Picture by Stephen Lock / i-Images
King Charles III has continued a tradition stretching back centuries as he gave out Maundy money.
The King distributed specially minted coins at the Maundy service at York Minister.
Accompanied by Queen Camilla, His Majesty was greeted by large crowds on his arrival at the Minster. There was also a small, organised demonstration against the monarchy.
Inside the ancient church, King Charles followed dozens of British monarchs before him by handing out coins on Maundy Thursday.
The recipients were 74 men and 74 women, one for each year of The King’s age. They each received two purses. One, made of white leather, contains special coins to the value of 74 pence, again matching the Monarch’s age. The other, made of red leather, holds two commemorative coins.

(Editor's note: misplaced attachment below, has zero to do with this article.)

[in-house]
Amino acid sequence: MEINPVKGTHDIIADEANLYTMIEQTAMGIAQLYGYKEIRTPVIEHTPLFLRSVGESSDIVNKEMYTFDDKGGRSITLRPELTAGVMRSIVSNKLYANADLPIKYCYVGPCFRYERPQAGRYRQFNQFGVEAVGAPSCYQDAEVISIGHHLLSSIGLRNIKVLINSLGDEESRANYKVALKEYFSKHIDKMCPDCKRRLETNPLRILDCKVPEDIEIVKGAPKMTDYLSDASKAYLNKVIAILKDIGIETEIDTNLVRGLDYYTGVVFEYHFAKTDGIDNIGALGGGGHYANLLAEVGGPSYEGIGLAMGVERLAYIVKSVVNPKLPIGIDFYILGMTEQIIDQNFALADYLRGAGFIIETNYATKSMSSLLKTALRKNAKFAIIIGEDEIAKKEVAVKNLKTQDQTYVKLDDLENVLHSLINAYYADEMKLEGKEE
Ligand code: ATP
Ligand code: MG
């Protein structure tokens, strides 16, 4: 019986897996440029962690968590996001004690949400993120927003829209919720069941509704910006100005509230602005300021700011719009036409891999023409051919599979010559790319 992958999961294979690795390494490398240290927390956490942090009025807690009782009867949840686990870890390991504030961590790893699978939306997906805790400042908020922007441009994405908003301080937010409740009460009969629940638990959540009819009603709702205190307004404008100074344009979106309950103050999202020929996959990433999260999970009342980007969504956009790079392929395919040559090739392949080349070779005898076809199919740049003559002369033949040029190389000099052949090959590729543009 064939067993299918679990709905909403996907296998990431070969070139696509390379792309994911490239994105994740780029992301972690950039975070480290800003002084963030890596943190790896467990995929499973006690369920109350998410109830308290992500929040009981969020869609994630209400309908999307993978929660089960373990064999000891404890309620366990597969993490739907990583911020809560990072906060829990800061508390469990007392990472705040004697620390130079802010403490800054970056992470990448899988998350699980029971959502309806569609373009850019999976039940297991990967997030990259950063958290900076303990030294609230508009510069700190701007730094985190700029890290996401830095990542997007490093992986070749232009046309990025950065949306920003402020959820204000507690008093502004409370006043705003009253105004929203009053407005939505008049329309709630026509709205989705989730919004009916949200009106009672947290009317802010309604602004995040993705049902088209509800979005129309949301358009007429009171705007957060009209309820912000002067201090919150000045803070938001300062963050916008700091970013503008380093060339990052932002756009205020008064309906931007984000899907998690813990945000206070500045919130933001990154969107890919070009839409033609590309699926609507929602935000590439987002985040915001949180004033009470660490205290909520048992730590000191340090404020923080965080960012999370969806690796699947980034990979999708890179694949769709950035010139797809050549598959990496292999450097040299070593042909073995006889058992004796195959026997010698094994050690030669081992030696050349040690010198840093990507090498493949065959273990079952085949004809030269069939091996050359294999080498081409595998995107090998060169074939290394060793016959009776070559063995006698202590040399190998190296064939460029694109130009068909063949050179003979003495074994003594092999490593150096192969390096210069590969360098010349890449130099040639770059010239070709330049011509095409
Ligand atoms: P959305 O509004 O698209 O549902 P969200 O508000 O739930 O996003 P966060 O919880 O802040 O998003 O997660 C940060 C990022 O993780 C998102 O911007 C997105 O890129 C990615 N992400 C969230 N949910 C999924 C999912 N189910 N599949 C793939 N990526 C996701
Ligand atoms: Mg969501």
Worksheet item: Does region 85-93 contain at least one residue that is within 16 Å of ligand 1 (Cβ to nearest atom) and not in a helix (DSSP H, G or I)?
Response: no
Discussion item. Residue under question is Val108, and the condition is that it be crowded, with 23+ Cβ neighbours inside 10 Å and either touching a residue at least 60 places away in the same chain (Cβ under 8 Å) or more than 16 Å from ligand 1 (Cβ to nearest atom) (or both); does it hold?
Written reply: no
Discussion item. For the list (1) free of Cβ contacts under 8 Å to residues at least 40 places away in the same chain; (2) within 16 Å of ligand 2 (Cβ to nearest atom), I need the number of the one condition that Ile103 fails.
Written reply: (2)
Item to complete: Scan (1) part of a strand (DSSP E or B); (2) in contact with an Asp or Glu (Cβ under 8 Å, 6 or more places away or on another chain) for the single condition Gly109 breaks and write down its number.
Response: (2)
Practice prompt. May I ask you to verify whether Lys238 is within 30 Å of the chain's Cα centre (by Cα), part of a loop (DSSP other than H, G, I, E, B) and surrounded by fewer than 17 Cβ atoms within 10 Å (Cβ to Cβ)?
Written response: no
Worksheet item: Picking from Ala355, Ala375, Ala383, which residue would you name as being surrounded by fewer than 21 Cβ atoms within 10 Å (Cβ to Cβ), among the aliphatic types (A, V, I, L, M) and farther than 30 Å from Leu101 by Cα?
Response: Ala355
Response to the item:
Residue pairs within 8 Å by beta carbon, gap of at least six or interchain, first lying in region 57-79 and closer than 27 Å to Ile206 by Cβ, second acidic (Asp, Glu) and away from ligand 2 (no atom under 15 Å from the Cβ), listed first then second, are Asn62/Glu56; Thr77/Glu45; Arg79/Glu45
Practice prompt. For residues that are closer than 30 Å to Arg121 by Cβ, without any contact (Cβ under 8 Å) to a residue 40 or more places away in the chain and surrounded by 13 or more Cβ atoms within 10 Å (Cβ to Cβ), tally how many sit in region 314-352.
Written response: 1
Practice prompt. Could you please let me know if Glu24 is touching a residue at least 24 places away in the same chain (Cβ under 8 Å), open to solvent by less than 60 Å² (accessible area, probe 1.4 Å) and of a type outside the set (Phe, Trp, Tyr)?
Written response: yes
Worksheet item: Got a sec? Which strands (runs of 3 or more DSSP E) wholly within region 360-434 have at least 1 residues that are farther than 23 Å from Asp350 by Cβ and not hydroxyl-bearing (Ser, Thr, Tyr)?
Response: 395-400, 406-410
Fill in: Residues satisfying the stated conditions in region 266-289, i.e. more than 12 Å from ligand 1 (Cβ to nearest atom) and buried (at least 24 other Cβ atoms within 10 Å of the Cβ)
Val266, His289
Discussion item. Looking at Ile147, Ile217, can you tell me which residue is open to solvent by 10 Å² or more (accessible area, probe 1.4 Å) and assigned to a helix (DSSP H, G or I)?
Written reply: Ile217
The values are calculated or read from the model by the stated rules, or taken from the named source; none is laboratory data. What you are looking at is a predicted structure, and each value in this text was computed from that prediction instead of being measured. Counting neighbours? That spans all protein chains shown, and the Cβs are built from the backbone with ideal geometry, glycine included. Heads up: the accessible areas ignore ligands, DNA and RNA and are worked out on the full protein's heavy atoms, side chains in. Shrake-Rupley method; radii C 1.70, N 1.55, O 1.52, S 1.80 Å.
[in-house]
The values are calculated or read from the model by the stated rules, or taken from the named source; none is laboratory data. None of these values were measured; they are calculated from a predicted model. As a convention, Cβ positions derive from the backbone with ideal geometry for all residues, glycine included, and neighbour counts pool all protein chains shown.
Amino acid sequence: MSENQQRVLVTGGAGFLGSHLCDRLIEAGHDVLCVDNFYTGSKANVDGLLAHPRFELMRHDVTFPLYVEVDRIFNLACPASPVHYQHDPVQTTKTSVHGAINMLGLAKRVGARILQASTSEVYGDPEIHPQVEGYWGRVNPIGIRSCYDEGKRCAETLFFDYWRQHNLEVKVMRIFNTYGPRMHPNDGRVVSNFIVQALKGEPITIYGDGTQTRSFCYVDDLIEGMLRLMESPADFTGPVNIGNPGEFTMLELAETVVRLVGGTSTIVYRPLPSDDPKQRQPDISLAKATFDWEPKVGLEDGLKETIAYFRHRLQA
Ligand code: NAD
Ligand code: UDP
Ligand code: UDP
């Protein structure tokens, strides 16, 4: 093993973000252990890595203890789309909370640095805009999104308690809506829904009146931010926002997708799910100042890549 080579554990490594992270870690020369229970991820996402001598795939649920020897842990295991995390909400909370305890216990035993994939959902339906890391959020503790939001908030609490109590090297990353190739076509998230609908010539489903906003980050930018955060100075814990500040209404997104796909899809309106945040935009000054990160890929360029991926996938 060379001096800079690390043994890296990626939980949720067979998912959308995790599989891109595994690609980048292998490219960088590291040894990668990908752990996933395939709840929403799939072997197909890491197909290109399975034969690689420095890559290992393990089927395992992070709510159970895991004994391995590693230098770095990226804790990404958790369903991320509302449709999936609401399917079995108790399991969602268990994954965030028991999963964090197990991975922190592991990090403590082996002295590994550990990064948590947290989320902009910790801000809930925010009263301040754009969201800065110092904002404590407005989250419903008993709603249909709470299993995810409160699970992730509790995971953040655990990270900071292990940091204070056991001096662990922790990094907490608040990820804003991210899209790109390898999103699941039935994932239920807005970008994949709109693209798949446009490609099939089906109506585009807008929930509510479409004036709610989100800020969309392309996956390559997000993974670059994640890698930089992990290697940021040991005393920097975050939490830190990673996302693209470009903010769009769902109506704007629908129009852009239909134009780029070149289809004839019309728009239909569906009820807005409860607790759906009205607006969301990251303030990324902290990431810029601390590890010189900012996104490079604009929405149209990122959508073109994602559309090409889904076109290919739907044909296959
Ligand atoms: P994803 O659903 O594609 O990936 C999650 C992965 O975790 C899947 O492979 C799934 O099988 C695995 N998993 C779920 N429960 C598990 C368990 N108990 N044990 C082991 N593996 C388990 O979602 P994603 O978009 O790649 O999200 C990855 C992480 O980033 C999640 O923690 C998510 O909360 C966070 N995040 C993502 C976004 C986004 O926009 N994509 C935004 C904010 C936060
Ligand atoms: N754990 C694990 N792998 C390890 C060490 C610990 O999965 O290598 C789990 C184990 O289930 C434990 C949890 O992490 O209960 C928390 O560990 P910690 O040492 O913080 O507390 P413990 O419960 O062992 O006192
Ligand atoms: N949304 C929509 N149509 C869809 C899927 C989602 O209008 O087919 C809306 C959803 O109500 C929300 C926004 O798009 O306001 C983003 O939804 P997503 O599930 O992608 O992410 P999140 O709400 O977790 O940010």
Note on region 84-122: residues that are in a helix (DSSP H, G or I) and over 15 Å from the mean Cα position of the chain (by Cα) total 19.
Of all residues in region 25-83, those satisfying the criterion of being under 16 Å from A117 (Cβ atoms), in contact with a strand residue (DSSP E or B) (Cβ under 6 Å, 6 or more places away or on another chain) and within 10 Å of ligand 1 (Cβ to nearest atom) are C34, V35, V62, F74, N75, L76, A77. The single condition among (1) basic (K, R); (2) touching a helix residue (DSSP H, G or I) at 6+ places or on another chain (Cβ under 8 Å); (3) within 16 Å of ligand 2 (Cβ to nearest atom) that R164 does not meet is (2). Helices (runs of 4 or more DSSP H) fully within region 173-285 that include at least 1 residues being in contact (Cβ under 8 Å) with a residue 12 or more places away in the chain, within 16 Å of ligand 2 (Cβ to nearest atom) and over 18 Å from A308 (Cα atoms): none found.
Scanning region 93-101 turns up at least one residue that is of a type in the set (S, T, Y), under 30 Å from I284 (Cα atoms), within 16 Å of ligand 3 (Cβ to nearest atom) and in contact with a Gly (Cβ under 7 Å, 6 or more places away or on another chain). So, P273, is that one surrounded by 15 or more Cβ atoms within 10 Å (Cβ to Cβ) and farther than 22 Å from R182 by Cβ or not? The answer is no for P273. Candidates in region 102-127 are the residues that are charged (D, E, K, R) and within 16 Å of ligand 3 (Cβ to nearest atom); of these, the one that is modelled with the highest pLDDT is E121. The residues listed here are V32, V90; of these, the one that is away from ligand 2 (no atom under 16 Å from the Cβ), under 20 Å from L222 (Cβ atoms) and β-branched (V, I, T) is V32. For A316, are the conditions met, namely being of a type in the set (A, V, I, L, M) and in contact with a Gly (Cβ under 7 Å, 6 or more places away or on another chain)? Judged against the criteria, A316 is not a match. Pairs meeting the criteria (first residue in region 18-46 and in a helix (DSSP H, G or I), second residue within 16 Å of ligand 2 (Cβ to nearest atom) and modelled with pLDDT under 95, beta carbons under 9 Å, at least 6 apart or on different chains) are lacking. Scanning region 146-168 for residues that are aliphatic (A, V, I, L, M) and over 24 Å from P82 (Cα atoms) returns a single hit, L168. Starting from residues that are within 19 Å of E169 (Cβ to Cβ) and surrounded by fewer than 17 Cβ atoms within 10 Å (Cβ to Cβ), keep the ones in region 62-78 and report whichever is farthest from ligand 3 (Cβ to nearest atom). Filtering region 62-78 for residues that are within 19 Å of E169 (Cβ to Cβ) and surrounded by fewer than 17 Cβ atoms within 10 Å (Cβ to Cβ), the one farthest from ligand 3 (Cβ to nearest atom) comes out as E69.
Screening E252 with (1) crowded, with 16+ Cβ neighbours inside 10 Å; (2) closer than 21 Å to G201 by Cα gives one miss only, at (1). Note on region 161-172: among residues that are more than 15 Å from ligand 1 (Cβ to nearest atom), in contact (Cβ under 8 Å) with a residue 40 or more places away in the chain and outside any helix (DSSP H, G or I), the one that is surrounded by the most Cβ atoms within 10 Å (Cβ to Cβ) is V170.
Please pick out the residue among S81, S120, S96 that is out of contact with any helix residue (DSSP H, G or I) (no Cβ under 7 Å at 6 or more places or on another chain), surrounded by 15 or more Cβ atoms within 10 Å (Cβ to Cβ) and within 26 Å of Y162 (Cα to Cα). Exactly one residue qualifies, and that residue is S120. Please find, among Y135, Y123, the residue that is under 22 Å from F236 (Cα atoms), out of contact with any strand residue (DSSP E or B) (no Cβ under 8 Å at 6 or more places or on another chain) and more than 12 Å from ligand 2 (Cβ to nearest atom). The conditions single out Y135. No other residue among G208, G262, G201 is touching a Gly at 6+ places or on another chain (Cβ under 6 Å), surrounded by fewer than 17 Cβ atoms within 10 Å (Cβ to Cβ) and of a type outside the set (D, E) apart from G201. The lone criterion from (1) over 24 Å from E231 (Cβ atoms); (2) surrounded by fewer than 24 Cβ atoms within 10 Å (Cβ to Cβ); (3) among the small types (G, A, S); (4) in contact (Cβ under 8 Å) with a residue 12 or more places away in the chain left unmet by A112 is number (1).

Each recipient had been chosen for their work in their local church and community.
The distribution of royal gifts on Maundy Thursday goes back to at least the 13th century. Originally, the service also saw the monarch wash the feet of the poor, based on the actions of Jesus at the Last Supper when he washed the feet of his disciples. Money was also handed out. The tradition of feet washing ended in the 18th century but the distribution of coins remains.
King Charles has handed out Maundy money before, on behalf of Queen Elizabeth II, but this was the first time he had distributed the coins in his own reign.
The money was made by the Royal Mint.
After the service, King Charles and Queen Camilla were presented with traditional nosegay bouquets of spring flowers. They posed for photos with the clergy, including the Archbishop of York, before meeting some of the wellwishers who had cheered them in and out of the Minster.
King Charles and Queen Camilla are expected to spend Easter at Windsor Castle.